In your work, you are walking the time series day by day, finding the best ARMA model – ARMA(p,q)
and then use the model to predict the next day’s direction.

Then to improve performance, you use the best arma paremeters (p,q) for that time
with GARCH(1,1) to create a new model and use it to predict next day’s direction.

So you have a model with 4 parameters used in garchFit.

I am using a different GARCH library (not in R, it is in C#) and in it
the parameters for the model are only 2 (instead of 4) :

the number of auto-regressive (AR) parameters and the number of moving average (MA) parameters.

Could you please advise on how to use your method in my scenario
(as always creating a GRACH(1,1) without considering the ARMA(P,Q) is different).

Reply

faifeu May 29, 2013 at 10:30

Hello Itay

It would seem that the reason you have only 2 parameters for your model is because you are trying to fit your date to an ARMA model without the heteroskedasticity component
The GarchFit method within the fGarch library in R allows to fit on a generalized autoregressive model (hence the 4 parameters)

Quick (related) question for you: could you point me to the C# library you are referring to? I, myself, am rather fond of C# (as I have a whole architecture built around it) and I would like to incorporate a data fitting library that allows to call for an ARMA model.

Thank you

Reply

MMP March 5, 2013 at 15:56

Hi,

Your posts are really great and have a lot of valuable information. I tried looking at the daily indicator csv but it’s no longer up. Would I be able to have a copy to inspect? I’m currently testing the full arma code and want to know how to evaluate the results correctly before moving onto trying to implement the GARCH component.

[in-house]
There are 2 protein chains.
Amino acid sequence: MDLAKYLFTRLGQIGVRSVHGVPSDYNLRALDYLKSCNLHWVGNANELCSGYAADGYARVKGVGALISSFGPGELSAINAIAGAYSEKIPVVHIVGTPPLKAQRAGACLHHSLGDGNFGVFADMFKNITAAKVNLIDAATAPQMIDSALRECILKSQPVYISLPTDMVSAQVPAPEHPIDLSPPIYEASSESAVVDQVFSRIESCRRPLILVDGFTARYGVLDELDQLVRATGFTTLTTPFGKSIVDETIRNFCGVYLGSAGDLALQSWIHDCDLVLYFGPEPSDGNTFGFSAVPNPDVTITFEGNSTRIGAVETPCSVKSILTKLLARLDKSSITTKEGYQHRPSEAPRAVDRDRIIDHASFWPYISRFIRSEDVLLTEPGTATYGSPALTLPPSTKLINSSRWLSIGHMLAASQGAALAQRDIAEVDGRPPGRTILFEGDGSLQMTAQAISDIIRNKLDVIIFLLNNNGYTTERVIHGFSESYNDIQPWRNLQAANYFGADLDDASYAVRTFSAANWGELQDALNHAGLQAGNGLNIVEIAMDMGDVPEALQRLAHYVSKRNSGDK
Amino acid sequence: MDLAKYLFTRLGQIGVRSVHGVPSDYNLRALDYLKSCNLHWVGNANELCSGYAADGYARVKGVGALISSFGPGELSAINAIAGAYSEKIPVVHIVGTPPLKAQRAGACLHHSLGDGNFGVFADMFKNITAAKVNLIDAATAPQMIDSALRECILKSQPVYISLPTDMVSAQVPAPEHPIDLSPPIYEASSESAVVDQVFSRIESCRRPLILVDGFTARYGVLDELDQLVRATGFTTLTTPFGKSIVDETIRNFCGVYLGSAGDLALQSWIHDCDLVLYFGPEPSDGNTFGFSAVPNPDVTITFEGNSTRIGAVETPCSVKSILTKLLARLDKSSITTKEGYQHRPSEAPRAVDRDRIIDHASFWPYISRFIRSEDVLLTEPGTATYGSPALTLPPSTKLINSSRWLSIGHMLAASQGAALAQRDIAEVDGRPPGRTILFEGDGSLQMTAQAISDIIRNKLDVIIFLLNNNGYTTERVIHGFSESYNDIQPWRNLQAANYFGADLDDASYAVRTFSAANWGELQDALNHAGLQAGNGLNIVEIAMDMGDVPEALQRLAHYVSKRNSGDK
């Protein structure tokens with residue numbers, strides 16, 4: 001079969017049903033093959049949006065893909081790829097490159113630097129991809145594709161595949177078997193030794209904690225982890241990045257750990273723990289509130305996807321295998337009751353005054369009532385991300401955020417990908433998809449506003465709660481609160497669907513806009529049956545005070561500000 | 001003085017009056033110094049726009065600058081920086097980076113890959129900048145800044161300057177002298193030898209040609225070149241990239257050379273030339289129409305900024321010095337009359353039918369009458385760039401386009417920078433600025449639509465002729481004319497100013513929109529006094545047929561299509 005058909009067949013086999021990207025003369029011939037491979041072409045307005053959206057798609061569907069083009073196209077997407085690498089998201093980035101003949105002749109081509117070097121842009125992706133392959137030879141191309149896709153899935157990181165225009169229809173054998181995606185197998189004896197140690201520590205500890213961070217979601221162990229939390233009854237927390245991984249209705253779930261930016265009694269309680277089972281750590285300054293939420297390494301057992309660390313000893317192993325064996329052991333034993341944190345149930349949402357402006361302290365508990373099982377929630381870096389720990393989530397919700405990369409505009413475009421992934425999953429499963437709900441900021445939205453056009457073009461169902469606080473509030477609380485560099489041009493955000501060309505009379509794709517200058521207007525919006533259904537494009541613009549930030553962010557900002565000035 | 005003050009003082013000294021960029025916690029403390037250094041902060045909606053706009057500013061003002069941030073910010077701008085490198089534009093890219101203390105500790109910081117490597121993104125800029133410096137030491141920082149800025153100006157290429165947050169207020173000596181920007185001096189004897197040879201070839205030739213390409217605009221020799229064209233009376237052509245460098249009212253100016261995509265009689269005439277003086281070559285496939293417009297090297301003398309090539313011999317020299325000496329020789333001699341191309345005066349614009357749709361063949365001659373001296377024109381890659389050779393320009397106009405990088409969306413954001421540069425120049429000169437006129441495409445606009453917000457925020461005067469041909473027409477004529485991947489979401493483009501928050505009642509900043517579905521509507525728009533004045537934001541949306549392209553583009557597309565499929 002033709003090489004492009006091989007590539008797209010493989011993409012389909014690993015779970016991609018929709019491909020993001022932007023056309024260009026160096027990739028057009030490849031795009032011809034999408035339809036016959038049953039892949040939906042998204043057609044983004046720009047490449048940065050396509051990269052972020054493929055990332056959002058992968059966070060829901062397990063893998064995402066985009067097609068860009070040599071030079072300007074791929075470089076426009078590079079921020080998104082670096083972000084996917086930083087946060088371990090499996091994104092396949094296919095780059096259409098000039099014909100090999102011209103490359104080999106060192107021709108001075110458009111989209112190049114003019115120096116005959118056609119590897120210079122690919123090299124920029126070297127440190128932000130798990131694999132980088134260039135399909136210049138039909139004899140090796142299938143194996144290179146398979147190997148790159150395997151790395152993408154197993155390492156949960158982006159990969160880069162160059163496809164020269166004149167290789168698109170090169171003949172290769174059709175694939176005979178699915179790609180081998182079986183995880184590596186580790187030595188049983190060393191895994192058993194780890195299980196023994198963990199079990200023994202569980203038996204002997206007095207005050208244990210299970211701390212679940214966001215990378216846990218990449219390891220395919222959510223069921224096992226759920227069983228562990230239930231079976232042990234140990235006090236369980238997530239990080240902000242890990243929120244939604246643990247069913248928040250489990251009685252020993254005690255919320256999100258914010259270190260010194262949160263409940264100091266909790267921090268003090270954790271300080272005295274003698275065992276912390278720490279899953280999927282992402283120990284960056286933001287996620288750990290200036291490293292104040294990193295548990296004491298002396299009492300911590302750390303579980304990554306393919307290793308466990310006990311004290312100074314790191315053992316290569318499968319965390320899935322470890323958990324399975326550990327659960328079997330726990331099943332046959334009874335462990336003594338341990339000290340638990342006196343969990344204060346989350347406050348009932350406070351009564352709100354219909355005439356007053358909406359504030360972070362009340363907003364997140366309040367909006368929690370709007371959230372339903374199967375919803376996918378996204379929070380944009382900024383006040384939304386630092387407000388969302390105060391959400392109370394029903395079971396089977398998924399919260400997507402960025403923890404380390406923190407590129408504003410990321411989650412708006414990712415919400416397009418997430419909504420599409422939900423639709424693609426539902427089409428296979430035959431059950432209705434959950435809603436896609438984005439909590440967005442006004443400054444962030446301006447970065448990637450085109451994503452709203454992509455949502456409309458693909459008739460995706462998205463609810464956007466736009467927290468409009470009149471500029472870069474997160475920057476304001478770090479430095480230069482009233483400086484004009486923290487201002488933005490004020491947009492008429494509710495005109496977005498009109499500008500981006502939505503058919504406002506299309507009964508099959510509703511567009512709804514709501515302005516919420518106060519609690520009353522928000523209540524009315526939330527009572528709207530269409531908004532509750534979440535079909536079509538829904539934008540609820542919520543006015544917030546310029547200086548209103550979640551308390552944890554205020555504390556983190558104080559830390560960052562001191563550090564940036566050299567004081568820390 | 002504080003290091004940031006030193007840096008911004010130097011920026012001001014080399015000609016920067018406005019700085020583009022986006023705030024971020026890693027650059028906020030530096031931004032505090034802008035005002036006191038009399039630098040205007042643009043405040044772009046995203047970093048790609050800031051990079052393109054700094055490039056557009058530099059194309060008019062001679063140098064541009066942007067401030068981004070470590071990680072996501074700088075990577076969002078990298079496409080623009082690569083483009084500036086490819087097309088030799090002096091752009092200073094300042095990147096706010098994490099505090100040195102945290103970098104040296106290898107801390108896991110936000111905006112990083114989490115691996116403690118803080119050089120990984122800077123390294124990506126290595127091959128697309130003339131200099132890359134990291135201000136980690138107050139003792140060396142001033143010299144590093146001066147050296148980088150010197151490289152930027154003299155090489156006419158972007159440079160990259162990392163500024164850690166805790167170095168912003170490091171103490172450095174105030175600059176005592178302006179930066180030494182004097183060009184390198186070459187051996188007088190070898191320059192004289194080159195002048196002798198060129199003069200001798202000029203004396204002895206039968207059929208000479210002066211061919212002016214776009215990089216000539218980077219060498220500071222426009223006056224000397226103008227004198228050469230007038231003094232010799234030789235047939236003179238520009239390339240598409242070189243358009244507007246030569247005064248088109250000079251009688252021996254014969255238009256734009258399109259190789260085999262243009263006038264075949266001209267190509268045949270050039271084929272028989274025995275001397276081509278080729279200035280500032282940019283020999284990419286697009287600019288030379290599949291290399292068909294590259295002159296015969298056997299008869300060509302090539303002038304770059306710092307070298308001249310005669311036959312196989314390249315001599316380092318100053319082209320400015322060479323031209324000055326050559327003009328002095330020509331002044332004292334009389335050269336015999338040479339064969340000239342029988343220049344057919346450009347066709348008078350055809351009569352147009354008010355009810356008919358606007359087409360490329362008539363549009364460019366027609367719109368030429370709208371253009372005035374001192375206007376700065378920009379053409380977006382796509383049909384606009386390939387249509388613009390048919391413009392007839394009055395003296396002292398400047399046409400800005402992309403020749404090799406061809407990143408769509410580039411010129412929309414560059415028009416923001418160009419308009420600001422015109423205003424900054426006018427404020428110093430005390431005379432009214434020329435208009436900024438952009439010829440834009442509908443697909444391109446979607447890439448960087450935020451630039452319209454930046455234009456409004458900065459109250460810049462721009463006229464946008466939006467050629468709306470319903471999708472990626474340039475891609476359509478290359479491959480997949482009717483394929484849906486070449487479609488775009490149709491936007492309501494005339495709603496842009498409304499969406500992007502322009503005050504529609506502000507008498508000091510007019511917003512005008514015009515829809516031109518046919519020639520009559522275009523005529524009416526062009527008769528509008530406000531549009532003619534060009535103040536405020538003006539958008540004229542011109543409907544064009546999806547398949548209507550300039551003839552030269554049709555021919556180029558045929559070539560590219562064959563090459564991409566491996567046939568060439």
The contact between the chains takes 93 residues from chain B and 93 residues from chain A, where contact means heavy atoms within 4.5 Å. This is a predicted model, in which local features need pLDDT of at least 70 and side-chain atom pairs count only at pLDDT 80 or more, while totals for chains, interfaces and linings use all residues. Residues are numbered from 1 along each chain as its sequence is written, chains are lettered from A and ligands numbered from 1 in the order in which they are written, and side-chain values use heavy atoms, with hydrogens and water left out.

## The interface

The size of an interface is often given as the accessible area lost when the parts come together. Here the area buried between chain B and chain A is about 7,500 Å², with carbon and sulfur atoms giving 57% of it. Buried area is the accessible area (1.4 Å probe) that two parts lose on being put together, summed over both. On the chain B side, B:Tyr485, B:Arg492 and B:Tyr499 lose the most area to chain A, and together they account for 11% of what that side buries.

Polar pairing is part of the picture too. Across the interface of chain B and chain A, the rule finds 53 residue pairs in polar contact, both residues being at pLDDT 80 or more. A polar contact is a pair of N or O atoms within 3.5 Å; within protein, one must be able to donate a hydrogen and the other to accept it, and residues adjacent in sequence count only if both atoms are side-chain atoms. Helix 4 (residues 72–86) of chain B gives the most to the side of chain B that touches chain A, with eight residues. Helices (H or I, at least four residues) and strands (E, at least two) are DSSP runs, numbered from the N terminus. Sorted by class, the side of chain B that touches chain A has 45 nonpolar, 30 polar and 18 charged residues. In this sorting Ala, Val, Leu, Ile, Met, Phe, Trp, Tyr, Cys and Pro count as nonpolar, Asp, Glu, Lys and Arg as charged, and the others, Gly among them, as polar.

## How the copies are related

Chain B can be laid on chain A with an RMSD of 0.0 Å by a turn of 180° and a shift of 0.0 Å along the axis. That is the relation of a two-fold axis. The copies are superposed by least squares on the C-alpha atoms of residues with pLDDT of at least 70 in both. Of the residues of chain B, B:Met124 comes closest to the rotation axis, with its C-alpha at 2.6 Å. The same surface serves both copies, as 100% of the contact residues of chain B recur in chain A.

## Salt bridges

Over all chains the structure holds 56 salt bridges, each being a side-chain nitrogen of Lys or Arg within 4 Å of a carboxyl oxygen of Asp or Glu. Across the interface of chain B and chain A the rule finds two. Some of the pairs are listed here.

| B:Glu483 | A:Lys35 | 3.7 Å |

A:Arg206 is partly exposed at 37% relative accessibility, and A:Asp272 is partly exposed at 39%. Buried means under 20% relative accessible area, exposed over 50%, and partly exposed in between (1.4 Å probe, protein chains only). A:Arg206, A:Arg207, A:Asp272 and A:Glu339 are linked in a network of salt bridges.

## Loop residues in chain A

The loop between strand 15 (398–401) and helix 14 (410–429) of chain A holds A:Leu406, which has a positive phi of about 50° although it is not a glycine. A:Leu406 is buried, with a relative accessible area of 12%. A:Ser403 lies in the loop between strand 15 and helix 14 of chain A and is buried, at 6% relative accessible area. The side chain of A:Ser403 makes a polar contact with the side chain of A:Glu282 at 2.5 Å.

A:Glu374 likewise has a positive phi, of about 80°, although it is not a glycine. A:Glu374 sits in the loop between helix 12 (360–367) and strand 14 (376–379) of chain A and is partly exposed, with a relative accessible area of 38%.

Reply

ivannp March 5, 2013 at 21:50

Updated the link – thanks for let me know.

Reply

MMP March 7, 2013 at 09:28

In your other post regarding backtesting rules, you made the good observation about signaling against prices inclusive of splits but not dividends while backtesting against the fully-adjusted prices (inclusive of splits AND dividends). How can you do the former using getSymbols and Yahoo as a datasource? It’s my impression that you can only adjust directly for both rather than just one.

Reply

ivannp March 7, 2013 at 12:16

adjustOHLC from quantmod does that: adjustOHLC(x, adjust=”split”, use.Adjusted=FALSE). Use the symbol.name argument if the variable has a different name than the actual symbol.

Reply

MMP March 7, 2013 at 14:57

I have specific questions about the GARCH implementation that you probably don’t want discussed in the comments section. If you can see my e-mail in the WP admin area, would you be open to discussing them privately?

Anthony March 7, 2013 at 17:02

Hi,

Very interesting post, But source code seems to be not available anymore… Does anyone can send it to me? my email a dress : dentelle55@yahoo.fr

Thks a lot

Reply

ivannp March 16, 2013 at 14:27

Hi, what source is not available anymore? Send me the link that is expired and I will update it.

Reply

Dansan March 22, 2013 at 13:33

Hi!
This is really great work! But I have some questions about your model.
This approach is commonly used for volatility models (arma(p,q) + garch(1,1)). What is the difference between your model and volatility models? Most of them are forecasting the volatility and not like you the returns on the next day, aren’t they?… I dont get the difference so far… Have you ever considered to use an EGARCH or TGARCH model?

Reply

ivannp March 24, 2013 at 10:07

Hi. I have wondered the same too, but I don’t see a reason why we cannot use the mean forecasts too. From my experiments ARMA+GARCH forecasts are superior in terms of predictive power compared to only ARMA forecasting.